Cloud Services and the definition of a Target Operating Model
(Part IV of VI – Processes)
In my last blog, I did discuss the Service Dimension as the true heart of all dimensions of a Target Operating Model, enabled by all other dimensions like People, Organization, Processes and Technology.
Today I want to take the opportunity and elaborate a bit more on the Process Dimension as one of the most important enabler dimension of any Target Operating Model.
Over the years of the development of IT services toward industry wide standards, processes have played an important part. The definition and implementation of IT industry “best practice” frame works, like ITIL® or COBIT’s Process Reference Model have increased the maturity of IT service provisioning significantly.
Cloud Computing is going to further increase the need for proper defined and lived processes:
A) Service Strategy and Service Design processes are essential to include Cloud Computing into the organization’s portfolio and will build a sound basis for entering any Cloud provider selection exercise
B) Service Transition processes will ensure the setup of high-quality services and the integration of the service into the organization’s technology, processes and interfaces stack
C) Service Operation processes will be the basis of the daily service delivery chain between the Cloud provider and the customer organization.
From my point of view, the following processes have to be considered as “mandatory” before an organization is going engage with a Cloud provider:
|Service Strategy Generation||Development of a sourcing strategy|
|Service Portfolio Management||Definition of a “service package” (functionality and warranty) as high-level cloud service requirements|
|Supplier Management||Governance Foundation for the entire provider selection process|
|Service Level Management||Definition and Governance over the structure of all important service requirements as the base for selection process|
|Availability Management||Definition and Governance over the SLAs related to Availability|
|Capability Management||Definition and Governance over the SLAs related to Capacity|
|ITSCM||Definition and Governance over the structure of all Continuity related requirements|
|Security||Definition and Governance over the structure of all Security related requirements|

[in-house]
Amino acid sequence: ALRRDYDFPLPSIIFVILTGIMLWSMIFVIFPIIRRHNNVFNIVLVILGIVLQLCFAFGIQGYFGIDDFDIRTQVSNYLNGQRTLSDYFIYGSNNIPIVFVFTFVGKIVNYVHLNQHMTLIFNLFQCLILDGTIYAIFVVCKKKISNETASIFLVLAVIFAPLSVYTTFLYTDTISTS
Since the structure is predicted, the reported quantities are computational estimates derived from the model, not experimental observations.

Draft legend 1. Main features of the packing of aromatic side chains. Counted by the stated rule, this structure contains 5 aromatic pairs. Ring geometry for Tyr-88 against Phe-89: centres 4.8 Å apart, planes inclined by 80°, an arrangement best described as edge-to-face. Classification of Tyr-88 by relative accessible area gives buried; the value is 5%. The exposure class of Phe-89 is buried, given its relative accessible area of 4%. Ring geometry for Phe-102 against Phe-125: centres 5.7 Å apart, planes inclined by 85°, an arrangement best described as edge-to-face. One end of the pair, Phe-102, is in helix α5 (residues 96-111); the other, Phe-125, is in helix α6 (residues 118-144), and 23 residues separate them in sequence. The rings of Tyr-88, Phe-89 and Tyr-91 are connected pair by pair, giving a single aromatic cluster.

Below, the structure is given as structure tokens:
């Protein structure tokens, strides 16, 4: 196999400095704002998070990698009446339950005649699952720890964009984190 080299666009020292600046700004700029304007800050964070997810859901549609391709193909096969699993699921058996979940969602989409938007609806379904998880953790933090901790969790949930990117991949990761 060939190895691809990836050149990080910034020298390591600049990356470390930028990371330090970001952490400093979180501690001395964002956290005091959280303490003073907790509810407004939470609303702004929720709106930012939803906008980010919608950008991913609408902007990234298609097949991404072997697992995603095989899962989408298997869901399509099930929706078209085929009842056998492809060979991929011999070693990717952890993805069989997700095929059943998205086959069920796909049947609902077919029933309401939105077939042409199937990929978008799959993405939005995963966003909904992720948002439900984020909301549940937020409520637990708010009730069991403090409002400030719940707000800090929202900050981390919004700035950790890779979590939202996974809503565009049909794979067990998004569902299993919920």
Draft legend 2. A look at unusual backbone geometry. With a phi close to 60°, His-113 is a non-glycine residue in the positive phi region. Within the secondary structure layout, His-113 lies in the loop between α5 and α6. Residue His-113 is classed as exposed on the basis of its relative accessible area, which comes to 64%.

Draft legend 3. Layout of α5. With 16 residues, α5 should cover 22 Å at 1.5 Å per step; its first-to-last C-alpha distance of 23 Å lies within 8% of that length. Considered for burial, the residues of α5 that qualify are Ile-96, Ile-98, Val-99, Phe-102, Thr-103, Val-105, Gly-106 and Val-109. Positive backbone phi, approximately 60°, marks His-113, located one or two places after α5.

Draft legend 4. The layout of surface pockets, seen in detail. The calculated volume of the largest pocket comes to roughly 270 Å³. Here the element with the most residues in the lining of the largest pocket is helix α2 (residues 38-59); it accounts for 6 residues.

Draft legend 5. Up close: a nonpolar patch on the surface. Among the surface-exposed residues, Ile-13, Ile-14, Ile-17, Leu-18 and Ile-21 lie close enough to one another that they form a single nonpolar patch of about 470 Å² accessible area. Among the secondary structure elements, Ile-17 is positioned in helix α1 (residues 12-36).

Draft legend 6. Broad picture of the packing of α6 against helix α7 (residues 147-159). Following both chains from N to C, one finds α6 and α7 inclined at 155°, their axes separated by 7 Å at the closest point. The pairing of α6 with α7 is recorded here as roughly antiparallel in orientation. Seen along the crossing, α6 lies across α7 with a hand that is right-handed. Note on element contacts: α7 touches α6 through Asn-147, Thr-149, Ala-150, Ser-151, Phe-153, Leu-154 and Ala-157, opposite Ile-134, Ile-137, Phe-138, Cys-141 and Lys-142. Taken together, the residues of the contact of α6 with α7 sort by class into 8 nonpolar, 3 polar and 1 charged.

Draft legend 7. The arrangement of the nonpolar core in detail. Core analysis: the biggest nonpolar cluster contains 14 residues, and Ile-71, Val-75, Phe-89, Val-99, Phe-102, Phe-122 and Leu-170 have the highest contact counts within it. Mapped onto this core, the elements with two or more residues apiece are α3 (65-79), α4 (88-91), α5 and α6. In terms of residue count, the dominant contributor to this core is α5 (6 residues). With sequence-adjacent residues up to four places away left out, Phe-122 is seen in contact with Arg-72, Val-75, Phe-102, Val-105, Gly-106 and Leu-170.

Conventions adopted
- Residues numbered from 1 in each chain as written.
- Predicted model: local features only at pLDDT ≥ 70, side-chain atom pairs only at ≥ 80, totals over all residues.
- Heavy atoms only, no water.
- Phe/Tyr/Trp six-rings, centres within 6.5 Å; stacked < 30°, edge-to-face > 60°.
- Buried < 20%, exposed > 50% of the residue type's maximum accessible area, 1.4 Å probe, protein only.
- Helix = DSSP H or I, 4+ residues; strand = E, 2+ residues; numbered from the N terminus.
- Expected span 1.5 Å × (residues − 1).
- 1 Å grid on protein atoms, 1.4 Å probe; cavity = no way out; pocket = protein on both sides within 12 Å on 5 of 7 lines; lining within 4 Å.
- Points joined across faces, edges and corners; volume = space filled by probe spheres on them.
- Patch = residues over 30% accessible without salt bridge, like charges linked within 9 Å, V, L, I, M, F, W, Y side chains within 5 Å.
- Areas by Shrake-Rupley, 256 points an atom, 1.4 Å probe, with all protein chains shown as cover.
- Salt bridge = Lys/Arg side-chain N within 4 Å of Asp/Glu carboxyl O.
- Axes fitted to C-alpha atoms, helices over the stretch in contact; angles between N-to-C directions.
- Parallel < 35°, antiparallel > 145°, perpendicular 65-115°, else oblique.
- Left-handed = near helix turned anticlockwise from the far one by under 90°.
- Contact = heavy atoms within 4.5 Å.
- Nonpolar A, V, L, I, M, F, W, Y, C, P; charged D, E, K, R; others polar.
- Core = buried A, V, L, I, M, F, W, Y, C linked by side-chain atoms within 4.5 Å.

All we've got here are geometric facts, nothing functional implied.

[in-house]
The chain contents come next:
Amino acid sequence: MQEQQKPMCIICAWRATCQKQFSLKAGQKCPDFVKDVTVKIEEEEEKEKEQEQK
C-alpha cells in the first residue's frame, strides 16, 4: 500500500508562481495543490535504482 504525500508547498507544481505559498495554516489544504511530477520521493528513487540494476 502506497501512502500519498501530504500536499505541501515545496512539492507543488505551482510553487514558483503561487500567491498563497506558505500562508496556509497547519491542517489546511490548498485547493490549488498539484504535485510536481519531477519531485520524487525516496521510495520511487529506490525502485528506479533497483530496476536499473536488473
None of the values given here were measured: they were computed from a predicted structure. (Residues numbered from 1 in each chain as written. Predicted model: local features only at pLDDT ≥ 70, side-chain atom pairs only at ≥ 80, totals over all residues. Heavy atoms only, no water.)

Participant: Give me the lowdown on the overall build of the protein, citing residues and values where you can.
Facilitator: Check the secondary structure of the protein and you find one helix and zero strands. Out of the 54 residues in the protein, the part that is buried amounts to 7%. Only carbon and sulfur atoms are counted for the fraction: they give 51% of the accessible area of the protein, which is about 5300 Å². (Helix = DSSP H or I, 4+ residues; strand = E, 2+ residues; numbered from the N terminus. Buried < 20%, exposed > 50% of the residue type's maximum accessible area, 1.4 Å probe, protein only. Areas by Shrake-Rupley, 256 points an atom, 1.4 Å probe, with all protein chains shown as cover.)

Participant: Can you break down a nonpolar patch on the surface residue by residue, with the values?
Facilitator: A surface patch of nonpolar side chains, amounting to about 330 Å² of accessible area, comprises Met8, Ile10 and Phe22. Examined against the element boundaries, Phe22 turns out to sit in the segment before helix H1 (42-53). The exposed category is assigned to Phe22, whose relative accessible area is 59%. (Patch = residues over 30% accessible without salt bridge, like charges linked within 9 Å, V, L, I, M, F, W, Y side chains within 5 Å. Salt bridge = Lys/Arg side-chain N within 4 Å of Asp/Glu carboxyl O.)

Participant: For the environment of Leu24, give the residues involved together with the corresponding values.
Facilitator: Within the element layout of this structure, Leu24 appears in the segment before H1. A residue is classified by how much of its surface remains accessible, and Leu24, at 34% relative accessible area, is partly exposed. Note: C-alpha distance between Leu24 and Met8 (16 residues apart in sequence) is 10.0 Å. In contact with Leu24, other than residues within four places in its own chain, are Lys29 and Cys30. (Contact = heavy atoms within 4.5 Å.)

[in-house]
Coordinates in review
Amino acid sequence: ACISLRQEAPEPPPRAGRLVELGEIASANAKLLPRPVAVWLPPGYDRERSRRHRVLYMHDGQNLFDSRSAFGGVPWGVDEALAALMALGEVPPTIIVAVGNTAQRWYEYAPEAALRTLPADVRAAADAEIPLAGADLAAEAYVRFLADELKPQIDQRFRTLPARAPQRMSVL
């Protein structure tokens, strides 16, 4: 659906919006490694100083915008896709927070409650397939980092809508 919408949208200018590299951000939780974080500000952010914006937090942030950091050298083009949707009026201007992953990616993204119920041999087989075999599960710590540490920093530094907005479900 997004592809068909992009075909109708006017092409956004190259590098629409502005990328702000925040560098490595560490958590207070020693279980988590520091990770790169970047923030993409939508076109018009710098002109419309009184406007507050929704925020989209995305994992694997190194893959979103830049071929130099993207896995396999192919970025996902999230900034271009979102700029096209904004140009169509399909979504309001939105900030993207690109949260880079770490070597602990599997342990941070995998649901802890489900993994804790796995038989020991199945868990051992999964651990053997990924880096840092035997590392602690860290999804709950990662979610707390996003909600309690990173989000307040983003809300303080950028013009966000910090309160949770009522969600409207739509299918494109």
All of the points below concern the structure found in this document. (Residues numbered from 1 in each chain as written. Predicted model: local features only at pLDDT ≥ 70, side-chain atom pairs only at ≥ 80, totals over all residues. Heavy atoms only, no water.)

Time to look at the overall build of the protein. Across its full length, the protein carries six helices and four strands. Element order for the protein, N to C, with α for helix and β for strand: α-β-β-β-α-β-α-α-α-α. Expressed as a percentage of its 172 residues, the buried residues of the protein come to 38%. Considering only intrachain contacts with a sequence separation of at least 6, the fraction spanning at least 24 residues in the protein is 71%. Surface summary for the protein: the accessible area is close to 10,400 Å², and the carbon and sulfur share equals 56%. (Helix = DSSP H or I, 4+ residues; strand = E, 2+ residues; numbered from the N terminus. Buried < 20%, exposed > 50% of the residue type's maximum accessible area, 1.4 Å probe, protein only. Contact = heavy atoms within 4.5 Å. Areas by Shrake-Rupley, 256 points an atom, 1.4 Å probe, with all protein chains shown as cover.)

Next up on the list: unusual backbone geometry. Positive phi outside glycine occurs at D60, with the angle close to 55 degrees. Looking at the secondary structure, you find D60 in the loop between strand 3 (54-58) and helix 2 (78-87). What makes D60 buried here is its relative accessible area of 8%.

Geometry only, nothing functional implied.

|Evaluation||Supporting the structure of the Due Diligence and Process with Service Provider|
|Change Management||Governance Structure for the Transition Process|
|Knowledge Management||Providing Structure and Governance over the Knowledge transfer and Knowledge requirements for end-user, support organizations and the service provider|
|Validation and Testing||Structure and Governance for all Transition related Testing Activities|
|Access Management||Structure and Governance for the Cloud Access Concept and Implementation|
|Incident Management||Ensuring Definition and Setup of end-to-end Incident Management between Cloud Customers, internal IT and Service Providers|
Cloud customer organizations have to ensure those processes are being defined properly and are being lived on a process capability level of at least 3 (Please see the COBIT Process Assessment Model (PAM): Using COBIT 5). That means, processes are “established” as a standard management discipline amongst the organization.
Ensuring, “established” processes are in place is the responsibility of the CIO. Often it makes sense to perform an internal “capability review” to assess the organizations “readiness” for a cloud engagement in order to implement the respective countermeasures – way before the engagement. Undertaking these exercises (assessment and implementing countermeasures) would require the right competencies in the organization and such competencies can be developed with training and coaching.
Therefore, in my next blog, I will focus on the Organizational Capability Dimension of the Target Operating Model for Cloud Services.
- Part I Target Operation Model – Technology
- Part II Target Operation Model – Governance
- Part III Target Operation Model – Services
- Part IV Target Operation Model – Processes
- Part V Target Operation Model – Organization
- Part VI Target Operation Model – People